LIVERPOOL, ENGLAND - MAY 02: Steven Gerrard of Liverpool is tackled by Frank Lampard of Chelsea during the Barclays Premier League match between Liverpool and Chelsea at Anfield on May 2, 2010 in Liverpool, England. (Photo by Clive Brunskill/Getty Images)
Here's the main reason why I stress the importance of controlling territory in soccer. Territory percentage is essentially a measure of where a team has the ball - it takes the number of completed passes and weights them by the difficulty of completing each pass. The plot below is for the last four seasons of the English Premier League. I've taken the road team's territory percentage in every game while the score was tied and plotted it against their winning percentage - we could have looked at this as a logistic regression, but I'm showing it as bucketed data.
If we look at this data at the season level, we see a very strong correlation between territory percentage and winning percentage:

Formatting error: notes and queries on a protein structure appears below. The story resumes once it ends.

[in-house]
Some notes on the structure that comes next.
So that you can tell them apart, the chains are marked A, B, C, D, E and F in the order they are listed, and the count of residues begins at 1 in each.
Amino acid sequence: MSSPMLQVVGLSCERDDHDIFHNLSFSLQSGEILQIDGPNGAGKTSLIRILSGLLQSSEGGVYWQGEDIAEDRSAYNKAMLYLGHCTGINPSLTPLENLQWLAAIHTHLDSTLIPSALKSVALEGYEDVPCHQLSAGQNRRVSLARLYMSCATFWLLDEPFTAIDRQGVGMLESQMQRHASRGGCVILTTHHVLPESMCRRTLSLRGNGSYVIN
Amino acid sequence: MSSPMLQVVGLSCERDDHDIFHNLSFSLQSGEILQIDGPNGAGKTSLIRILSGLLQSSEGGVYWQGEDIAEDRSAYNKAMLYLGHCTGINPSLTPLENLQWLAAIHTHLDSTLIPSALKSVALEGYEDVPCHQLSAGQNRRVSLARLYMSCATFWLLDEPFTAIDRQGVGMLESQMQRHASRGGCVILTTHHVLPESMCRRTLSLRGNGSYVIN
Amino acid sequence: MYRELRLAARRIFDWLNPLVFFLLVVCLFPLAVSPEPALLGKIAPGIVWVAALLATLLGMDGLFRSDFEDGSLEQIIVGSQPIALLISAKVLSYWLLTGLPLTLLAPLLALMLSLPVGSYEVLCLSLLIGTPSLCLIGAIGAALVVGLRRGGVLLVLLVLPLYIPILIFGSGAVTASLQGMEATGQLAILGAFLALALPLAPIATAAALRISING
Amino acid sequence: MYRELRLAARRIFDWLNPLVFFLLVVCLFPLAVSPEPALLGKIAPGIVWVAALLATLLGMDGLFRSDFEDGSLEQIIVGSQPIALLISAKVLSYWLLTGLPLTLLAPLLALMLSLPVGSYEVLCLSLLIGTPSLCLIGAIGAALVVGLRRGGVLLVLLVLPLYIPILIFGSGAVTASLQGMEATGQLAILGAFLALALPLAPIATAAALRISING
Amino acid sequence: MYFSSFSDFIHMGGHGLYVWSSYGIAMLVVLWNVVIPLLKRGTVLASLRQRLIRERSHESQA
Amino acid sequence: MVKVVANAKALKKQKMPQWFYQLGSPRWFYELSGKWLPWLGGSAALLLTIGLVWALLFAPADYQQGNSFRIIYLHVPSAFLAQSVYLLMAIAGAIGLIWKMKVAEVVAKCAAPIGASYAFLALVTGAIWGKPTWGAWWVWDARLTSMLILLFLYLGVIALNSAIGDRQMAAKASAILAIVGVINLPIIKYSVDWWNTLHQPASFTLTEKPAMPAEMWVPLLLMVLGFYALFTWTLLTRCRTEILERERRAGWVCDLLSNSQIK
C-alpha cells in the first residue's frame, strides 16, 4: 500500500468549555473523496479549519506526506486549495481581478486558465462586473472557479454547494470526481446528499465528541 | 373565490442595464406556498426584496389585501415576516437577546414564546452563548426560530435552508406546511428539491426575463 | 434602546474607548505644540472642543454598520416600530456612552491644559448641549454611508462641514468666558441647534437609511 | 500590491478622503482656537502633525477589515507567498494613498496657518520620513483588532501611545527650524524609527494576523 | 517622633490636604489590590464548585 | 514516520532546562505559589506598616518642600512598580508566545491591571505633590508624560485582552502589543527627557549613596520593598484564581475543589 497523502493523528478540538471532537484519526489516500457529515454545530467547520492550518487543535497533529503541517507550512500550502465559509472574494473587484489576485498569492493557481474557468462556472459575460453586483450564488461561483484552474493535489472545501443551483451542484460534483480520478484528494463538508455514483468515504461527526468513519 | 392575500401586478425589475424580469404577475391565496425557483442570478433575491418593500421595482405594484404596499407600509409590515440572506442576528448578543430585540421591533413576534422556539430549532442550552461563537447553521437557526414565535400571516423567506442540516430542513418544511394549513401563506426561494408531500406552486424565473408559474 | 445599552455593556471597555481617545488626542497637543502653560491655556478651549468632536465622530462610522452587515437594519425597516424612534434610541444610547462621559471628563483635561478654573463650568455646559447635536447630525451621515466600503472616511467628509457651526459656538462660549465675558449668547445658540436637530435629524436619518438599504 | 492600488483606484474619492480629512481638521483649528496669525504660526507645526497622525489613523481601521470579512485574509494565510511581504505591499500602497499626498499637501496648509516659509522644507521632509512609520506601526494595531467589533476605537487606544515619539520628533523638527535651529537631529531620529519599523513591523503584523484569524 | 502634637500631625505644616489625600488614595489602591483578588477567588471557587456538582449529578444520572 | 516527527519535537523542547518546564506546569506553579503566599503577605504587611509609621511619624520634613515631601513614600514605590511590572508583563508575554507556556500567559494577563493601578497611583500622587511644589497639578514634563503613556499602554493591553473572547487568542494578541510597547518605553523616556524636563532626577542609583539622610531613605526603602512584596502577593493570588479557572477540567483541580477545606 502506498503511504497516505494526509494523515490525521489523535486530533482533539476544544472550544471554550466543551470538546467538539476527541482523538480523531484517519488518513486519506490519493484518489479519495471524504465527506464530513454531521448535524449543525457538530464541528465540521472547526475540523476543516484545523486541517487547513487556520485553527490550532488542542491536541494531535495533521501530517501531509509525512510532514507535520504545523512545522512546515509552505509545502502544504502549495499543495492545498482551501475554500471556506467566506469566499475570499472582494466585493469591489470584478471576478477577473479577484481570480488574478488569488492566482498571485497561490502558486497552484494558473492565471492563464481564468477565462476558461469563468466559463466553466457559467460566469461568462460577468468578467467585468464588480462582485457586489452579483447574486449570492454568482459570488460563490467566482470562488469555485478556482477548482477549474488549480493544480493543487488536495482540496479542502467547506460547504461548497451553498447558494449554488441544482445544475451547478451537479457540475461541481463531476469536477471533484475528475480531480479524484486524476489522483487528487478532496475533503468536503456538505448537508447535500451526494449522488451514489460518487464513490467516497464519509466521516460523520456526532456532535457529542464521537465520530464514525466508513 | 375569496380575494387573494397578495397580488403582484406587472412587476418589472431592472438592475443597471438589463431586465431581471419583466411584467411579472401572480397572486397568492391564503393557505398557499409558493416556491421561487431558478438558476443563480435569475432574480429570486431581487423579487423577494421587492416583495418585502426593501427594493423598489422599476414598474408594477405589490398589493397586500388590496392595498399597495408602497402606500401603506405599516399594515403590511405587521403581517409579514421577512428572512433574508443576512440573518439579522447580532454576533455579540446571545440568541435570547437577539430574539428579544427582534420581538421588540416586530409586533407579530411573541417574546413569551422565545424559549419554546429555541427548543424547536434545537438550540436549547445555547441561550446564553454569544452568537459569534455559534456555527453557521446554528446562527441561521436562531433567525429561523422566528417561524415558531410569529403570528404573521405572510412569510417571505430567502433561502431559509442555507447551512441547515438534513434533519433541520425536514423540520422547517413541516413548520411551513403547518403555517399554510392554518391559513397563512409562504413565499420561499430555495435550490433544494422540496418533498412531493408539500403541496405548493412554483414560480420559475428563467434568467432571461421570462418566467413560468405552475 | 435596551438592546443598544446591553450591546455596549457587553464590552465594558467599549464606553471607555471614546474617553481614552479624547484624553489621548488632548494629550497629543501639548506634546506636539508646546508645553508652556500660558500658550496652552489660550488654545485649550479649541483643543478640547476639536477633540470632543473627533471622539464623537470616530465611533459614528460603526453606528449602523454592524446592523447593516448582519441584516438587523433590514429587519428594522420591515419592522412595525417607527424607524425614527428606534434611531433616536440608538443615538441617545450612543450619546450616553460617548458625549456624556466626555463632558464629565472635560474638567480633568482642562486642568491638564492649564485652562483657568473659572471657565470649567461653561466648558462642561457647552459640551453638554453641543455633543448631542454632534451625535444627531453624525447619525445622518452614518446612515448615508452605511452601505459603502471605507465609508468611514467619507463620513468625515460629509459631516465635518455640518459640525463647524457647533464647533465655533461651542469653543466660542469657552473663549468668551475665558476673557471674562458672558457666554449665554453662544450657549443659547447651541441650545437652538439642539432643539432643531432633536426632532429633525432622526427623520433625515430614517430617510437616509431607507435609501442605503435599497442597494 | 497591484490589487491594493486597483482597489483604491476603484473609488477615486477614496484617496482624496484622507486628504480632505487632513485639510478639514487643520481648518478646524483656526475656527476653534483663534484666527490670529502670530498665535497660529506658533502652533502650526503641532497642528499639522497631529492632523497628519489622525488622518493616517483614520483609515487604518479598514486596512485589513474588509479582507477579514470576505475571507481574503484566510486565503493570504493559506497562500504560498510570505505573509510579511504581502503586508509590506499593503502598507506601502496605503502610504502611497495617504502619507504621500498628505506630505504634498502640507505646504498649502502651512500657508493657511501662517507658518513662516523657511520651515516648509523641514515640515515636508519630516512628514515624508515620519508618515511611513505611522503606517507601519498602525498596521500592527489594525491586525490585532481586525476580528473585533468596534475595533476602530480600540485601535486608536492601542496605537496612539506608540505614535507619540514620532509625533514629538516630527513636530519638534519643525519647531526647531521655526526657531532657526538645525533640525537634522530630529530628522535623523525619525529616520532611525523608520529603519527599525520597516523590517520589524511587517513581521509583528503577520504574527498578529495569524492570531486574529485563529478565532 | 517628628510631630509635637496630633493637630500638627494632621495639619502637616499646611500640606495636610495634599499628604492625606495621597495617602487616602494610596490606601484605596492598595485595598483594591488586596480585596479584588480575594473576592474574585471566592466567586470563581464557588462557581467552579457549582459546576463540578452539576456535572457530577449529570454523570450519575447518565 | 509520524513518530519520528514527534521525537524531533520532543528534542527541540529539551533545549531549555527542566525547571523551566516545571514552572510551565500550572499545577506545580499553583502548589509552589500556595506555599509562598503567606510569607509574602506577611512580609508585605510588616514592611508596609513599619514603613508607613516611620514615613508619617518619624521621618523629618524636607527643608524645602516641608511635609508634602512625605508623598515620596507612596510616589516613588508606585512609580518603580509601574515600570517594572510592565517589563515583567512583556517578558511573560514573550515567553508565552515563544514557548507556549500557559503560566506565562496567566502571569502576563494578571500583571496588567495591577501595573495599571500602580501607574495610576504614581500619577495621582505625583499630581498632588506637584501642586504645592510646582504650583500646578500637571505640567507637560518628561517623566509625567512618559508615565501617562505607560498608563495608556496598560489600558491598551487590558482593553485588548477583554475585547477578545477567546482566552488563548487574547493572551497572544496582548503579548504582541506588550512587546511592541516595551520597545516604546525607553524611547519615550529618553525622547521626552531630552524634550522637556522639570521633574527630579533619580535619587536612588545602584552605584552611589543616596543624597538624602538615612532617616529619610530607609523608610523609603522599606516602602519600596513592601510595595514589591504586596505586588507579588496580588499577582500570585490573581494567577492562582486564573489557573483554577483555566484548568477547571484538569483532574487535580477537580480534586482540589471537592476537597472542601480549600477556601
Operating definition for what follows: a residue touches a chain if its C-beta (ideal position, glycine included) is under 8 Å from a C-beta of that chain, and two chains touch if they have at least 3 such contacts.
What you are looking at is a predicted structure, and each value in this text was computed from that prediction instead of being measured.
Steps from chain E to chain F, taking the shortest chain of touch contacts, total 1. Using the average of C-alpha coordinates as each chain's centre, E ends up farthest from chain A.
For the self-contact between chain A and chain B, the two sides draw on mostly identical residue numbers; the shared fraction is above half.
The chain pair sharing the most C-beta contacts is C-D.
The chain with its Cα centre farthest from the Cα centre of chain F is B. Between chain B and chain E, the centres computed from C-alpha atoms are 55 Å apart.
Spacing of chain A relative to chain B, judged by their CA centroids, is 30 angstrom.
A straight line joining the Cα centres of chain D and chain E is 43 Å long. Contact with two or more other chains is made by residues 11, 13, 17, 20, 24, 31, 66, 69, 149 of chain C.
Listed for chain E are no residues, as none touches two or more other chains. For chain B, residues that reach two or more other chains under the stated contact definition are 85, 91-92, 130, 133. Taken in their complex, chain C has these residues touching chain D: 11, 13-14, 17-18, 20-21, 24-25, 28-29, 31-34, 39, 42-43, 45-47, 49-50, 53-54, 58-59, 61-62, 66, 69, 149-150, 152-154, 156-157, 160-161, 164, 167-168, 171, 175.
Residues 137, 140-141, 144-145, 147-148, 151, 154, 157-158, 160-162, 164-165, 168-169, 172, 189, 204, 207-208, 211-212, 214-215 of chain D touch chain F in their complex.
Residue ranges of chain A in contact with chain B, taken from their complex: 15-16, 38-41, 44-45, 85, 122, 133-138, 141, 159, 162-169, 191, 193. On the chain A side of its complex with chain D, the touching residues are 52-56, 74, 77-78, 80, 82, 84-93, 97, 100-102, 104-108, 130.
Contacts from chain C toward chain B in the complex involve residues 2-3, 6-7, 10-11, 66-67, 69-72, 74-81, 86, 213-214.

Of course, a lot of that comes from Arsenal, Chelsea, Liverpool and Manchester United having been that much better than the rest of the pack over the last four seasons. If we remove them from the sample and look only at games between the other sixteen teams in the Premier League, the r^2 at the season level drops precipitously. What doesn't change is performance at the game level: teams that control passing and territory when the game is tied also end up winning.
One thing is for certain: controlling territory (as you might have suspected) is a true talent at the team level. Here I'm showing a team's territory percentage in even and odd minutes in tied road games:
This is essentially a perfect fit. There's no indication that passing and controlling territory - when the game is tied - has a major luck component to it. There are other ways to verify that, and I'll discuss that in the future. Next time, I'll take a look at how a team's ability to control territory impacts performance in head-to-head matchups.